Household Items and Apparel Are Top Voice Shopping Categories, First Time Purchases Common

U.S. adults say they most frequently purchase apparel, everyday household items and entertainment/music/movies when shopping online. Voice shoppers claim almost identical preferences with everyday household items edging out apparel. The Voice Shopping Consumer Adoption Report sought to determine the level consumer use of voice assistants in shopping and how their activities were similar or different from other digital shopping channels. We found that voice shopping characteristics were very similar to other online practices.

Consumers were free to respond to questions about voice shopping if any part of the purchase process was conducted by voice. That means product search and comparisons, price and availability, adding to a cart for checkout and consummating a transaction were all considered voice-assisted shopping and part of the overall purchase process. One category that voice shoppers were relatively more likely to shop by voice than on the web is when purchasing games. The other categories suggest that voice shopping is following the familiar patterns of online shopping overall.

First Time Purchases More Common Than Reorders

Another surprising finding was that voice shoppers reported placing more orders for items they had not previously purchased than reorders. Over 56% said they had ordered something new using voice while only 23% reported using voice for reordering a past purchase. Another 20% said they had used voice for both reorders and new orders.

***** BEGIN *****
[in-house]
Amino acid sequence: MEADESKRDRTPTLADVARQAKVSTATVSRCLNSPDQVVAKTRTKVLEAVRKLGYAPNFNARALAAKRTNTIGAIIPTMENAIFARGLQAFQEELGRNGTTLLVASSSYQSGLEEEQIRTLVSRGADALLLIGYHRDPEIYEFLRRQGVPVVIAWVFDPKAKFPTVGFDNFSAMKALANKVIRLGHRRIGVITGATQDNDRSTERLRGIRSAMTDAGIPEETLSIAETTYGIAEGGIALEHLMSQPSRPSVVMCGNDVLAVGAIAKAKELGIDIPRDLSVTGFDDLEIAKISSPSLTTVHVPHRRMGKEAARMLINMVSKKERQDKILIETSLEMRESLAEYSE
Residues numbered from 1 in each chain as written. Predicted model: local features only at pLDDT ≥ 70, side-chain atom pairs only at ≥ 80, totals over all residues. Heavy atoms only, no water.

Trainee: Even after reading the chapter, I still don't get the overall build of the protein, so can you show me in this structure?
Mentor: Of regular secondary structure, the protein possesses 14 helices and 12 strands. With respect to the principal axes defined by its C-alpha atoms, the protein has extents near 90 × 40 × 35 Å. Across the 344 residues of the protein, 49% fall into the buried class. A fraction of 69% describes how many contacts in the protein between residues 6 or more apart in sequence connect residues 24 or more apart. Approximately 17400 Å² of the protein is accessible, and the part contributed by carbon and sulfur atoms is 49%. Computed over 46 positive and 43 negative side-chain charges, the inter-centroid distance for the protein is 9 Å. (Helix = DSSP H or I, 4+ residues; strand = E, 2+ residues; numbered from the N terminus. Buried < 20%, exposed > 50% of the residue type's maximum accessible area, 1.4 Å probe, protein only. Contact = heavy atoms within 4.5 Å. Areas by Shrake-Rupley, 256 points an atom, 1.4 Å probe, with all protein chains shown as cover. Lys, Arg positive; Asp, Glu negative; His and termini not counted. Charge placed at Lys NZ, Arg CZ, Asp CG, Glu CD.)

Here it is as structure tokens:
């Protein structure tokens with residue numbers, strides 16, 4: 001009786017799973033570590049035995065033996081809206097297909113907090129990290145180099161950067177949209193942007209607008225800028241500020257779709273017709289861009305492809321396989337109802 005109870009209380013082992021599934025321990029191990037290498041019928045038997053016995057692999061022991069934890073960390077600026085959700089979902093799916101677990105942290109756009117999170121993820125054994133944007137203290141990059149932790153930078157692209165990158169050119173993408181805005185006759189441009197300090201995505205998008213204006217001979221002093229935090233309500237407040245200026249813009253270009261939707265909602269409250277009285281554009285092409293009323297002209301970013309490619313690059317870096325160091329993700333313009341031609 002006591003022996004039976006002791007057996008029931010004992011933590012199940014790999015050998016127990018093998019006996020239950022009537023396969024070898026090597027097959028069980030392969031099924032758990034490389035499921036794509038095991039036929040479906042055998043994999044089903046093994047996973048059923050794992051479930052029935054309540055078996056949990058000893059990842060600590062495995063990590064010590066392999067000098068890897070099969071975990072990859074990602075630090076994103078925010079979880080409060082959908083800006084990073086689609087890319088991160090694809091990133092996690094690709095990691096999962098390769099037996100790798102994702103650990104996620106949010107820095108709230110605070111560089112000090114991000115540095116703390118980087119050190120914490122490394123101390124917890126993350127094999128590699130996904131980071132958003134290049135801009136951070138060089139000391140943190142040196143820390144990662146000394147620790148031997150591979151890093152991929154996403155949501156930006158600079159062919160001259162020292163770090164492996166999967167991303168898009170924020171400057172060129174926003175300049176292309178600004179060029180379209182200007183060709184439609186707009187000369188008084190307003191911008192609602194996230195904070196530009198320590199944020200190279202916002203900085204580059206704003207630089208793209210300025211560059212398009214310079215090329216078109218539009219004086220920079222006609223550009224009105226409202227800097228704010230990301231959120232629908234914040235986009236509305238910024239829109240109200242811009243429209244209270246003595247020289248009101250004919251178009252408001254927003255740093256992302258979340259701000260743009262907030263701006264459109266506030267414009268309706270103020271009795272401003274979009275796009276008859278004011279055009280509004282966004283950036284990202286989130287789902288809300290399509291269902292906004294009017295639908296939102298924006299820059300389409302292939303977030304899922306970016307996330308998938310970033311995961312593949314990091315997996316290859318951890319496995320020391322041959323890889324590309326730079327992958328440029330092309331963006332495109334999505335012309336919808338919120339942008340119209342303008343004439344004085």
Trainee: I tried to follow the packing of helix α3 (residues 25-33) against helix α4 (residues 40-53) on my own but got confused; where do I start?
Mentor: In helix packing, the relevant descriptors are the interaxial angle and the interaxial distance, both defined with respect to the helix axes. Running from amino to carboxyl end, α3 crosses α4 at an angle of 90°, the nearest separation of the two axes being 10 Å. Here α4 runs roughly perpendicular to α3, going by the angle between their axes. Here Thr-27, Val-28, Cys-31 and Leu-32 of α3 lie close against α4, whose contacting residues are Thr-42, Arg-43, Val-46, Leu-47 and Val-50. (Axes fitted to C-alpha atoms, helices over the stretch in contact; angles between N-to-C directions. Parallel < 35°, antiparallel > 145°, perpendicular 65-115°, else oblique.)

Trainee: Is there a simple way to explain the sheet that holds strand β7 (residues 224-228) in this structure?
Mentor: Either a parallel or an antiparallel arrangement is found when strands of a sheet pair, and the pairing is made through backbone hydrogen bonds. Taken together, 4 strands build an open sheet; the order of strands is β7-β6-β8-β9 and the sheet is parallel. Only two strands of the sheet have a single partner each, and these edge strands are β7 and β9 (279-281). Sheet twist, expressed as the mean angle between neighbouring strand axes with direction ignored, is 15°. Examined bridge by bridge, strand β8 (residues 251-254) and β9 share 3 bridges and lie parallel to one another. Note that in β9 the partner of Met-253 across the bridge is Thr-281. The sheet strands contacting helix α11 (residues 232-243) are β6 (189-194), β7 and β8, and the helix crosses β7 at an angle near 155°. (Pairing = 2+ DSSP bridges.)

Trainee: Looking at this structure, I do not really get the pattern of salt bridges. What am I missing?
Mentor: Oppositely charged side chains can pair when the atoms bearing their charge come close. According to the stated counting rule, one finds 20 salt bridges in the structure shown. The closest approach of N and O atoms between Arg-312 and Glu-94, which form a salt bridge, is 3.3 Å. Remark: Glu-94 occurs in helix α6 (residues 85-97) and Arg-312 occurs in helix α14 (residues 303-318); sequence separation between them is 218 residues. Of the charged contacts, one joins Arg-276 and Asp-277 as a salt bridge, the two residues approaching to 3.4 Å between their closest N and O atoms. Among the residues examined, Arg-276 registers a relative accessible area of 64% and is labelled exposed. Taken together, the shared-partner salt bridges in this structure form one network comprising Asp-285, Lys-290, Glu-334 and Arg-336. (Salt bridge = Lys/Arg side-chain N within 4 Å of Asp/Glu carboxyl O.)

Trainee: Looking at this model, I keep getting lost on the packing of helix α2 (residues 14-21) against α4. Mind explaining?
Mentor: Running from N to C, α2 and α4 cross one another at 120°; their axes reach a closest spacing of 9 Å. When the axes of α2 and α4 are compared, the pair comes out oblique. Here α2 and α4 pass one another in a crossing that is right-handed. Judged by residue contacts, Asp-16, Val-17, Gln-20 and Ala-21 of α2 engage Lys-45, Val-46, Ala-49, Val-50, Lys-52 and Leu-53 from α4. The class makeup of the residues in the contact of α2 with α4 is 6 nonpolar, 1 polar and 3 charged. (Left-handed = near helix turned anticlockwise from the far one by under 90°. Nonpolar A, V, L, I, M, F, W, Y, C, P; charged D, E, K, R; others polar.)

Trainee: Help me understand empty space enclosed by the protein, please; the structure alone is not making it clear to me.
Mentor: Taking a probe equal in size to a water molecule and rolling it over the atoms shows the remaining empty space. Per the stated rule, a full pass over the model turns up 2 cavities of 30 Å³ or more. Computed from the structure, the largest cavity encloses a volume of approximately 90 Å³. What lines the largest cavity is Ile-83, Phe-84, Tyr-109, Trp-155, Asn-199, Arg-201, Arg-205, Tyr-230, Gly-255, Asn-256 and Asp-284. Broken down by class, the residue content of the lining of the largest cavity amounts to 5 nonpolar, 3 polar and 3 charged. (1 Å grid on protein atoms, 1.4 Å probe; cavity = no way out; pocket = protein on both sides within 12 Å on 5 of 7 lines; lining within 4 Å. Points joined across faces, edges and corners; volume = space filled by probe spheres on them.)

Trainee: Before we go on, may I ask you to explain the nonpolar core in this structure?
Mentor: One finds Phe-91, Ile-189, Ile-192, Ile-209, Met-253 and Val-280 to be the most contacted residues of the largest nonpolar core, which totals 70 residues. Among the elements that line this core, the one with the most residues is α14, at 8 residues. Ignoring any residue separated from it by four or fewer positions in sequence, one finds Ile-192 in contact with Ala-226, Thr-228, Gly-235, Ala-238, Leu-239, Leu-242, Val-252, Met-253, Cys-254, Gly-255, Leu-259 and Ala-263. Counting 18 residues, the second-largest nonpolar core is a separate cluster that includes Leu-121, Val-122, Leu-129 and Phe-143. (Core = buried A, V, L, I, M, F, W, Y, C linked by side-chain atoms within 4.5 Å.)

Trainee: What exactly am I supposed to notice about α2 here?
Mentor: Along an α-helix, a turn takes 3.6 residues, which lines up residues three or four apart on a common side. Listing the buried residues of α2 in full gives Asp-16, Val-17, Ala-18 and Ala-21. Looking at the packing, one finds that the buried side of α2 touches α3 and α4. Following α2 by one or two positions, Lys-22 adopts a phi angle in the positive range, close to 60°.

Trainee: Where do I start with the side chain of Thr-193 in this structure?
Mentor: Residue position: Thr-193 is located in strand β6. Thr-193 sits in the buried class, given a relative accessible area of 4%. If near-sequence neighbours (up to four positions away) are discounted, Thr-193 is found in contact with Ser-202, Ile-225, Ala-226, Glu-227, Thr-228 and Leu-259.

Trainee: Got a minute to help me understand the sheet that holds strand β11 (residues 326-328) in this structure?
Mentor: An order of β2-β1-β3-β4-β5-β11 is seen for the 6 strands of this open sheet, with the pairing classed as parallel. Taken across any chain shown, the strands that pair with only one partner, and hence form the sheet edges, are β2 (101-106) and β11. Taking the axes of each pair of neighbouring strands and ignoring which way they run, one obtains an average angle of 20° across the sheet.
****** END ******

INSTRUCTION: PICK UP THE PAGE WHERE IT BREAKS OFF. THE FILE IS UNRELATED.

The mental model most people have about voice shopping is on a smart speaker which doesn’t have a screen. That leads many people to assume reorders of previous purchases are a better fit for voice shopping. Amazon made reordering past purchases for Prime members a key feature of its initial Echo smart speaker product launch. However, voice may be particularly useful for new purchases for product search, comparison and price discovery. And, voice shopping activities on mobile significantly outpaces voice shopping through smart speakers. In those scenarios, voice shoppers are engaged in a multimodal experience where voice complements visual images. Ryan MacInnis, Director of Marketing for Voysis, a report sponsor, commented:

“While voice in the home makes incredible sense for reorders and every day items, we’ve seen the discoverability factor of using voice drive more first time purchases. Consumers are exploring all categories, including apparel, to shop with their voice.”

What the data tell us is that many common assumptions about voice are not supported by initial empirical evidence. Voice shopping is not being directed at product categories that are different from visual shopping methods. Current consumer activity appears to be similar on a relative basis for both digital shopping channels. And, voice is being used for new purchases sometimes despite the lack of a screen and other times as a complement to visual shopping methods. To learn more about how consumers are using voice assistants to shop today presented in 25 charts and 30 pages of analysis, you can download the full Voice Shopping Consumer Adoption Report here.

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